GE Genius IO blocks may use either of two methods for redundancy. The first method will be referred to as 31/30 redundancy, the second as BSM redundancy. In both these redundancy schemas, the redundancy is controlled at the GE block level. This is different than normal DeltaV redundancy which is implemented with two cards (or in the case of VIM’s, with two VIM’s).
ModbusTCP has no specific redundancy implementation. For DeltaV redundant control of GE blocks via ModbusTCP there must be two paths to the GE blocks from DeltaV and both paths must be open continuously to allow the GE block (or blocks) to control the selection. To implement this, DeltaV outputs are duplicated to both IO paths, and inputs are read from both paths. In DeltaV this results in two input tables for each block (one for each VIM/PIO combination), with a selector used to determine which input data is used in the control processes. Output data is written to both output tables. The selection may be made on the “present” bit that is in the first status byte for each block.
The physical GE bus paths for redundancy do not impact the selection of PIO, VIM, and DeltaV configurations, the same configuration is used for 31/30 and BSM setups (Figure 1 and Figure 2).
In 31/30 redundancy, the GE bus physically runs in a loop between the PIO modules (even though the blocks are numbered sequentially (30, 31). Each block in the path normally sees both output data from both PIO modules, and broadcasts inputs that both PIO modules will see. If a GE block receives data from both 30 and 31, it will preferentially use the data from 31. If the GE bus is broken, then the blocks that receive data from 31 will continue without interruption. If a block does not receive output data from 31 within its timeout interval (number of bus cycles), then it will automatically us the data from block 30 and will continue until it no longer received the outputs from 30. If it does not receive outputs from either block, it will go to its fault state.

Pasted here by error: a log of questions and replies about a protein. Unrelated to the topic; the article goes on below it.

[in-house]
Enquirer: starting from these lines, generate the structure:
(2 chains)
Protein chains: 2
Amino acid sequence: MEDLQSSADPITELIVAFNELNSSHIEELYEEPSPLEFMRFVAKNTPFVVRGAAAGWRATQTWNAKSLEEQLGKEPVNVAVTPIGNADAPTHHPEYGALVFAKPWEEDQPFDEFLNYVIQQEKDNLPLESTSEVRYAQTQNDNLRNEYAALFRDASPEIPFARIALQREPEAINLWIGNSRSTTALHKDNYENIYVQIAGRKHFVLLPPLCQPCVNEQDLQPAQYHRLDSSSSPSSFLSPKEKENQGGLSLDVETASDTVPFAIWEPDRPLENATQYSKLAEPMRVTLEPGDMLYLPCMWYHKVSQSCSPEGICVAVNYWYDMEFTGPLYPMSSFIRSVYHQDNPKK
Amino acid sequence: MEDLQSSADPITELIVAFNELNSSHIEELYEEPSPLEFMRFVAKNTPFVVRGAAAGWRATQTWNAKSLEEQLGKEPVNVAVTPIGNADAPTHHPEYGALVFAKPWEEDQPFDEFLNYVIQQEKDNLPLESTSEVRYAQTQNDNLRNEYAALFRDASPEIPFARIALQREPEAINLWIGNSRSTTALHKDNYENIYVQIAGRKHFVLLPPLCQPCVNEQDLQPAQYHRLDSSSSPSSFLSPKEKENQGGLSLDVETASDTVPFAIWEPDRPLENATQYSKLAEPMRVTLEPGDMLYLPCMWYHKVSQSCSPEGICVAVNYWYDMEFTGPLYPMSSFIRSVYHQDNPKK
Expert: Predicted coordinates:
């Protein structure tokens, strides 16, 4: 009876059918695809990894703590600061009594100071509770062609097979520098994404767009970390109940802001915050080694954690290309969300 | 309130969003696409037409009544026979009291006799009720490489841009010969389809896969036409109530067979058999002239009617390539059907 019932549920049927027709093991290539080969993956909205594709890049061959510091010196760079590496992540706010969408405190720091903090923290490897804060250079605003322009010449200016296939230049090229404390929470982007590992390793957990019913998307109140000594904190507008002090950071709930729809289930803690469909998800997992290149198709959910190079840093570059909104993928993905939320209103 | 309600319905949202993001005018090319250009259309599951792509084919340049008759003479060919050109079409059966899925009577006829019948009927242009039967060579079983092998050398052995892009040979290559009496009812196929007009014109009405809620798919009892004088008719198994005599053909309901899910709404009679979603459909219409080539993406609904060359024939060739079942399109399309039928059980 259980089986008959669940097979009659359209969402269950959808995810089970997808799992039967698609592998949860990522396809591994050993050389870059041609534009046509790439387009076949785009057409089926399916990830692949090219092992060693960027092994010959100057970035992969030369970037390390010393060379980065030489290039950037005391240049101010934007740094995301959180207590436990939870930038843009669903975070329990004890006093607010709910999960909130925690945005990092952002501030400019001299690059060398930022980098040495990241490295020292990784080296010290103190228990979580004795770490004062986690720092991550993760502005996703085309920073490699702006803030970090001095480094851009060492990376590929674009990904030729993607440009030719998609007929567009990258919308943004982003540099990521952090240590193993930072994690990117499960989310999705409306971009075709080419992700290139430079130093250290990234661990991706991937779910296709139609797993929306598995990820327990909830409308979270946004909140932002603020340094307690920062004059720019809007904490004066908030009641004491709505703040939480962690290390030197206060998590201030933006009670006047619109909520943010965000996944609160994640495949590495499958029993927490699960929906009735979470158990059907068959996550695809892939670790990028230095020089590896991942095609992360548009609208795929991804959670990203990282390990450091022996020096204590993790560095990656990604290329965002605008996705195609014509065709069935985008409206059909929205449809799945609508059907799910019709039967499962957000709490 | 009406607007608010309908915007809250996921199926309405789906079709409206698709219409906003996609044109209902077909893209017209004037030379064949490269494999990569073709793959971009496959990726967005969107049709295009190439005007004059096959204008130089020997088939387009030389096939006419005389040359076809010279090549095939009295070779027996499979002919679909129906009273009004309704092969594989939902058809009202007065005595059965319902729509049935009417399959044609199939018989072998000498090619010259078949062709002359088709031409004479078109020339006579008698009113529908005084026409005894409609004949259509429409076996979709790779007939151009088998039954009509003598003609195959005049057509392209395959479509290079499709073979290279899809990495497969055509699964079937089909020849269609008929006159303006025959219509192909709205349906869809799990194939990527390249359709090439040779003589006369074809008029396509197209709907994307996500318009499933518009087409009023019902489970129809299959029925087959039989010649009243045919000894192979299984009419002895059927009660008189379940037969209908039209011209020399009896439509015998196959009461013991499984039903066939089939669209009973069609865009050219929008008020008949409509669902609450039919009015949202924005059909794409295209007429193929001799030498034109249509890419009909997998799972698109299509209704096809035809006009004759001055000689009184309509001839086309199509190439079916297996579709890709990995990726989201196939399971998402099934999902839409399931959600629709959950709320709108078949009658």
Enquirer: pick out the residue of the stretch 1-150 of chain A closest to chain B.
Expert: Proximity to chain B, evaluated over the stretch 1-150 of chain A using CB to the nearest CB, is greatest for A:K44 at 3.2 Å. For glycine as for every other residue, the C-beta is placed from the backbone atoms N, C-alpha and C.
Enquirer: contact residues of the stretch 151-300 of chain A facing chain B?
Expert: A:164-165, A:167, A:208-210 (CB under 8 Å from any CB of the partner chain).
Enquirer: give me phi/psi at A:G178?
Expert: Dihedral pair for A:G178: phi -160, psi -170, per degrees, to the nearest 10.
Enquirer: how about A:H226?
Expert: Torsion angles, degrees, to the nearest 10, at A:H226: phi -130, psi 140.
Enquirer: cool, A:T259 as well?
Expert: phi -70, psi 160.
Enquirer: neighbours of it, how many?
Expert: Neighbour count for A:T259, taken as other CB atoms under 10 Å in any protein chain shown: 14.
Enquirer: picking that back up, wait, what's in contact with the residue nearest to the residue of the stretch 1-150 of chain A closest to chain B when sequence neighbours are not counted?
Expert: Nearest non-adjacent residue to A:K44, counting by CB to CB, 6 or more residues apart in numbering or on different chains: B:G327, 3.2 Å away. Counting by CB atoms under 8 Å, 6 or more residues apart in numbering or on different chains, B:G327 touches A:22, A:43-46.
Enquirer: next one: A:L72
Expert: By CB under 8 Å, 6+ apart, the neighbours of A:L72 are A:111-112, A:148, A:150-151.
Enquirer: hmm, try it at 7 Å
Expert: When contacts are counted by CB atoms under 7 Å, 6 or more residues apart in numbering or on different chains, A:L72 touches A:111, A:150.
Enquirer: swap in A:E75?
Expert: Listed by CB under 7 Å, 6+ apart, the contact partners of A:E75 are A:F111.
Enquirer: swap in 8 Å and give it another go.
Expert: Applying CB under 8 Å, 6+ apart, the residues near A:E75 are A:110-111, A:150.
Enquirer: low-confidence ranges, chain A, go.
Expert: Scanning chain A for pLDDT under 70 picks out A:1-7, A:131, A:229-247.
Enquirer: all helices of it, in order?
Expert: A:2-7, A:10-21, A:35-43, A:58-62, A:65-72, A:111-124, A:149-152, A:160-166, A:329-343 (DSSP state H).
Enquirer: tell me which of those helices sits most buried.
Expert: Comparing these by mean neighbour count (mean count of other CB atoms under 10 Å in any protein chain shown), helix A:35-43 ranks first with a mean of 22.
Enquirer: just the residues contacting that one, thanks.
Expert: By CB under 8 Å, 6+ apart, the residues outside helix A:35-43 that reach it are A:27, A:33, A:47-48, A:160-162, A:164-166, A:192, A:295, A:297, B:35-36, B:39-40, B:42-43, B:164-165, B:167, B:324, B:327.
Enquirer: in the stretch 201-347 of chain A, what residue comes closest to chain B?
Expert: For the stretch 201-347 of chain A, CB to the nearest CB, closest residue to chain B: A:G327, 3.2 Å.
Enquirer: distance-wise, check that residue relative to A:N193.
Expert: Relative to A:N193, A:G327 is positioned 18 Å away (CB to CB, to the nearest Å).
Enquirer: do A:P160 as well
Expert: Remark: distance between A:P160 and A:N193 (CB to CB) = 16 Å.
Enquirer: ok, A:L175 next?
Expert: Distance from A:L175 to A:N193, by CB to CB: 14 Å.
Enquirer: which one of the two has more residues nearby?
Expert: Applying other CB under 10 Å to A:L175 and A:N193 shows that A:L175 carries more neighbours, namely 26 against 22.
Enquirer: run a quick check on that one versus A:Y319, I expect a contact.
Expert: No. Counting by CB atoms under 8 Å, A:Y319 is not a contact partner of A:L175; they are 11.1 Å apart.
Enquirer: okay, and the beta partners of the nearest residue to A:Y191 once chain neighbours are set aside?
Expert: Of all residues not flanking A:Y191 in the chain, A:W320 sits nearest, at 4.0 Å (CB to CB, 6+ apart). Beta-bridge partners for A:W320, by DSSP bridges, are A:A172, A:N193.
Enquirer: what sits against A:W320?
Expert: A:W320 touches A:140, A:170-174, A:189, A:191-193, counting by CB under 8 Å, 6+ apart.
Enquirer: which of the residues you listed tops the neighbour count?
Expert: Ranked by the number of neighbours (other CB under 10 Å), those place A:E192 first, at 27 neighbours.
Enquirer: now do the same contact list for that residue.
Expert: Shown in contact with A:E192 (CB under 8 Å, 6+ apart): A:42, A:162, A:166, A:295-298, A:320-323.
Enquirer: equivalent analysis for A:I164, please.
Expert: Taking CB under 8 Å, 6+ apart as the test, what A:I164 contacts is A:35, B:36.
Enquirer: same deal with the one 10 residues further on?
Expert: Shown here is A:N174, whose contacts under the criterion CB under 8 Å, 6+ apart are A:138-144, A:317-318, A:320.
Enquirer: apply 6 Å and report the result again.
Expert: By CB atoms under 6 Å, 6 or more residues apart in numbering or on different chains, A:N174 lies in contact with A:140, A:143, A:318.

For BSM redundancy, one GE block is configured as a BSM controller (with BSM attached and controlled by one of the blocks output circuits). Only one PIO at a time will communicate the GE blocks, and this is controlled by the GE BSM controller. The advantage of this is that both PIO modules may have the same block address, since only one will be on the GE bus at a time. The GE BSM controller block monitors the PIO outputs, if it does not receive any outputs within the specified number of bus cycles, then it forces a switch to the secondary bus and will continue using that bus until it fails connections. If the BSM bus switchover does not result in the GE block receiving output data, the module will not switch back (to prevent cycling on bus). It is important to note that any GE blocks attached to the BSM controller block follow the BSM switching and the wiring following the BSM is not redundant, these blocks are usually required to be in the same cabinet so the wiring is short and protected.
In DeltaV Inputs are read via two paths (PIO/switch/VIM). The input to be read depends on the status of the read for each path. The status may be determined by reading the first status byte of each block in the VIM IO table. This byte is the global fault status for the block, each bit holds a status parameter and should be examined with respect of the other bytes.